One from the Aussie side.This report makes for a good day out. Not mine thankfully.
"I made the mistake once of using a hook on a strop from a backstay to hold the end of the boom up. It was a new arrangement, as we would usually hold the boom up by hand while hoisting the mainsail
. We hoisted the mainsail
, and it was blowing hard. I cringed at the sound of the new mainsail flogging in the wind
as we motored to windward. As soon as the crew confirmed the mainsail was fully hoisted, and that the keel
was fully down, I bent down and grabbled the mainsheets, threw them out of the jammer, and bore away quickly. Because the boom was still attached to the backstay, no amount of letting off mainsheets was going to do the job. We laid flat on our ear, held there by a boom I couldnt let off, with the motor
screaming because it was out of the water
..... Not a pleasant thing to happen...
Then you just add one more thing to make it a real problem.
When the crewmember said the keel
was down, it wasnt. On the old boat
, letting out 10 feet of rope
was fully down, but on this bigger boat
with a heavier keel, 10 feet of rope
meant the keel was only down three inches....
you would think that when you asked the crew to drop the keel, he would do the job properly, but when he's family
, you cant say much.....
So then he climbs over the fence, walks down the side of the boat, and tries to stand on the 3 inches of keel sticking out. With bare feet.
The boat tips a bit more, the keel slides into the case and inch, and his toe is now jammed between the keel and the centrecase, while we lay on our side.......
What a buffoon. So if I stand the boat up, he gets dragged underwater with a jammed toe and drowns. And if I leave it on its side, we will fill up and sink.
Meanwhile, the motor
An expensive series of mistakes
I yelled at the brother in law to get his fkn foot out or else, then I moved inboard to turn the motor off. Then I saw the mast
tip was touching the water
, and thought the last thing I wanted was the mast
to go underwater. So I thought I could swim to the top of the mast and wrap my lifejacket around it, and it might buy us a few more minutes.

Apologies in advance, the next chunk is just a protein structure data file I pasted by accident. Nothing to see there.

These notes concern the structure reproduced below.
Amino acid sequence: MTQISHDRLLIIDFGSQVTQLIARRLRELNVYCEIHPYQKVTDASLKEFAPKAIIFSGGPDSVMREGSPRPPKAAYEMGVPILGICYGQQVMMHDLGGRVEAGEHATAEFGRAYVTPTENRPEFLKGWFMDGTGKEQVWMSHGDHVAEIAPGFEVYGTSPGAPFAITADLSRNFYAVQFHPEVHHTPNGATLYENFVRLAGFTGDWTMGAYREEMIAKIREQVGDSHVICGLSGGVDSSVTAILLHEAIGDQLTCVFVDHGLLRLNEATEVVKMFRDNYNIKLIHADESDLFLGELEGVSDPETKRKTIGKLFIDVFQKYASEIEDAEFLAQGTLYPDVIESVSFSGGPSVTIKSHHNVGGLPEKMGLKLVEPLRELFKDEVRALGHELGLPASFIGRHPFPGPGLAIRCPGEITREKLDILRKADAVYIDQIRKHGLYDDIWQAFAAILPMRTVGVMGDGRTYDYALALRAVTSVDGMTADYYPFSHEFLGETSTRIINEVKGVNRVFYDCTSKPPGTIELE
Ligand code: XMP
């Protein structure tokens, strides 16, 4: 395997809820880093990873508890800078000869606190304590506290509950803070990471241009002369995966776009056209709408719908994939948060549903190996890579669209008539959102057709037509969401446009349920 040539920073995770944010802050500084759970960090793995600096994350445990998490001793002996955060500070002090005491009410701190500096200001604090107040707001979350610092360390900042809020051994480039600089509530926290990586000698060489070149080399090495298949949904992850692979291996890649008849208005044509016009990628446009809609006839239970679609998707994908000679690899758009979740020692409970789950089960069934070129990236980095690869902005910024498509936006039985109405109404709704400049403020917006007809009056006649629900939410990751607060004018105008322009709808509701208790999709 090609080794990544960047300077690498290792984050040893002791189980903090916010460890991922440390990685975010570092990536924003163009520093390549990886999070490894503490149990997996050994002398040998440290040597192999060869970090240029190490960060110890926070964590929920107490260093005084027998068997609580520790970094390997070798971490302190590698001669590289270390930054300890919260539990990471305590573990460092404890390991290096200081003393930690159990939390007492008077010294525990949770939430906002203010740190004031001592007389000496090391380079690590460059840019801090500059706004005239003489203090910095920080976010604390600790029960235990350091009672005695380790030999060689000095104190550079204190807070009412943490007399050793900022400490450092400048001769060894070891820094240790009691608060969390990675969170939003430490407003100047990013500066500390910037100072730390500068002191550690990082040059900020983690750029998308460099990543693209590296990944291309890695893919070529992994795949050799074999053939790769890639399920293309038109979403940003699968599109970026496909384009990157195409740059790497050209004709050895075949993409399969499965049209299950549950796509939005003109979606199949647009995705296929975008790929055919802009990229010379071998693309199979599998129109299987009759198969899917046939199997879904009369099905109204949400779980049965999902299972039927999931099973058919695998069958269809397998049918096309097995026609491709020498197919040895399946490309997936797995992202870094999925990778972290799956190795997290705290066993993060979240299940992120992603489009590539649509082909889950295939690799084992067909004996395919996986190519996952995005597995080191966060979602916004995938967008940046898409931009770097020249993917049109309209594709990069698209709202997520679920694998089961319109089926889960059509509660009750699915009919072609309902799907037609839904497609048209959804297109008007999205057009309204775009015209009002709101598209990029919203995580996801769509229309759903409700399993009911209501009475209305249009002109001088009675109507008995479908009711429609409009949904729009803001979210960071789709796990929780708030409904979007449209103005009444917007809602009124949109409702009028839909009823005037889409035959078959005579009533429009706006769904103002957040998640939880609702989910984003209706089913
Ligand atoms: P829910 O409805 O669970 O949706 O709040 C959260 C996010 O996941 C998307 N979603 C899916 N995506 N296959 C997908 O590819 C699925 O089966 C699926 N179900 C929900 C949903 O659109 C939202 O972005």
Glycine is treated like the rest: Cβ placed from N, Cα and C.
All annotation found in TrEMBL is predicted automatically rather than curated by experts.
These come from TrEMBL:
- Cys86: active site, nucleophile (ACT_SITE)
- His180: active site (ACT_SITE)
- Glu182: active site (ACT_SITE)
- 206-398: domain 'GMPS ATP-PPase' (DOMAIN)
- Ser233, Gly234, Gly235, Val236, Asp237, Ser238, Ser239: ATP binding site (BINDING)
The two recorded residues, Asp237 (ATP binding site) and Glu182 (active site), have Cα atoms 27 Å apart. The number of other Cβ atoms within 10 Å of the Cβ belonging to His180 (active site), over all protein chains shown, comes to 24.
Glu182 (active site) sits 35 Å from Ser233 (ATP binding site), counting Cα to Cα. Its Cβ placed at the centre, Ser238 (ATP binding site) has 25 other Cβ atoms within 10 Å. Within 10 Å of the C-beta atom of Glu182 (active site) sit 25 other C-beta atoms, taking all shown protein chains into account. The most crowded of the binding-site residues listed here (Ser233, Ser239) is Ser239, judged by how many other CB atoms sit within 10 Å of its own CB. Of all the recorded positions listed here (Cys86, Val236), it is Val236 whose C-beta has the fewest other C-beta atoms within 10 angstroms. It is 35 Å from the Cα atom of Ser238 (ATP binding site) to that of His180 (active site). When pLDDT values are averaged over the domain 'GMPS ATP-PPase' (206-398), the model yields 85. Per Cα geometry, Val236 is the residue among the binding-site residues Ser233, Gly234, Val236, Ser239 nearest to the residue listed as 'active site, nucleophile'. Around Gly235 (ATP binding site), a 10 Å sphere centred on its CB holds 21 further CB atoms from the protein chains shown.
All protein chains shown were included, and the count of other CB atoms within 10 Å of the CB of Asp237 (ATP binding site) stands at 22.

So I jumped down into the water, and swam to the top of the mast, and started to take my lifejacket off, the mast started going underwater, so with a lifejacket half off, Im treading water, trying to stop the mast from sinking, and its a losing battle......
When the mast tip got about 3 foot underwater, Ive got my leg hooked around it, treading water, and the keel slid back into the centrecase, freeing the brother in laws foot.
At this point, all the crew jumped off into the water, and one of them landed on the mainsail. buffoon number 2.
my grip on the mast as it sunk out of reach. So then, watching the cabin
filling up, I realised that the boat was going down. I swam to the bow and opened the anchor locker
and took out the anchor
rope and untied the shackle. I shackled the end of the anchor rope to the u bolt on the bow, and swam out away from the boat, unrolling the anchor rope. At this point all the bunk cushions
and loose sails
floated out and a motor boat approached. He started motoring in circles around the boat, so I swam out to him with the end of the anchor rope and offered him the end, thinking he might be able to take it in tow before it went down, and tow us into shallow water. ..... He ignored me, and just kept motoring around. then I saw that the guy alongside him had a movie camera
, and they were both more intent on taking a movie
, than rescuing us or the boat....
At this point the hull
turned upside down. The guy with the movie camera
just kept on circling. Bastard.
Finally another motor boat arrived, and picked up the crew and everything that was floating away, including brand new, unused headsails in bags, and brand new spinnakers in bags. The boat said "dont worry, we will put it all by the ramp
and come back for you in a minute."
That was the last I saw of the sails
. When he put all the stuff in a pile, by the ramp
at the yacht club, some bastard stole them all.
The second motor boat came back, and tried to tow the boat, but it was too heavy, so I shifted the end of the rope to a chainplate, and they towed at rightangles to try and turn the hull
Finally the mast broke and the hull rolled over as the safety
fence demolished itself. When the bubble burst, the hull sank down so that the cabin
roof was level with the water. The boat had airtanks, so it stayed at the surface. It got towed into the shallows, and I was able to climb aboard and let the keel down. With the keel now resting on the sand, the hull floated high enough for the stormboards to be above the water level, and we could pump
The last straw was the realisation that the winch
handle, necessary to winch
the keel back up enough to get the boat onto the trailer
, had been one of the the first things to fall out, and the floating one, supposedly recovered and left with the sails, had also been stolen."
Total damage was around $6k. All for the sake of a hook on a strop on a backstay.....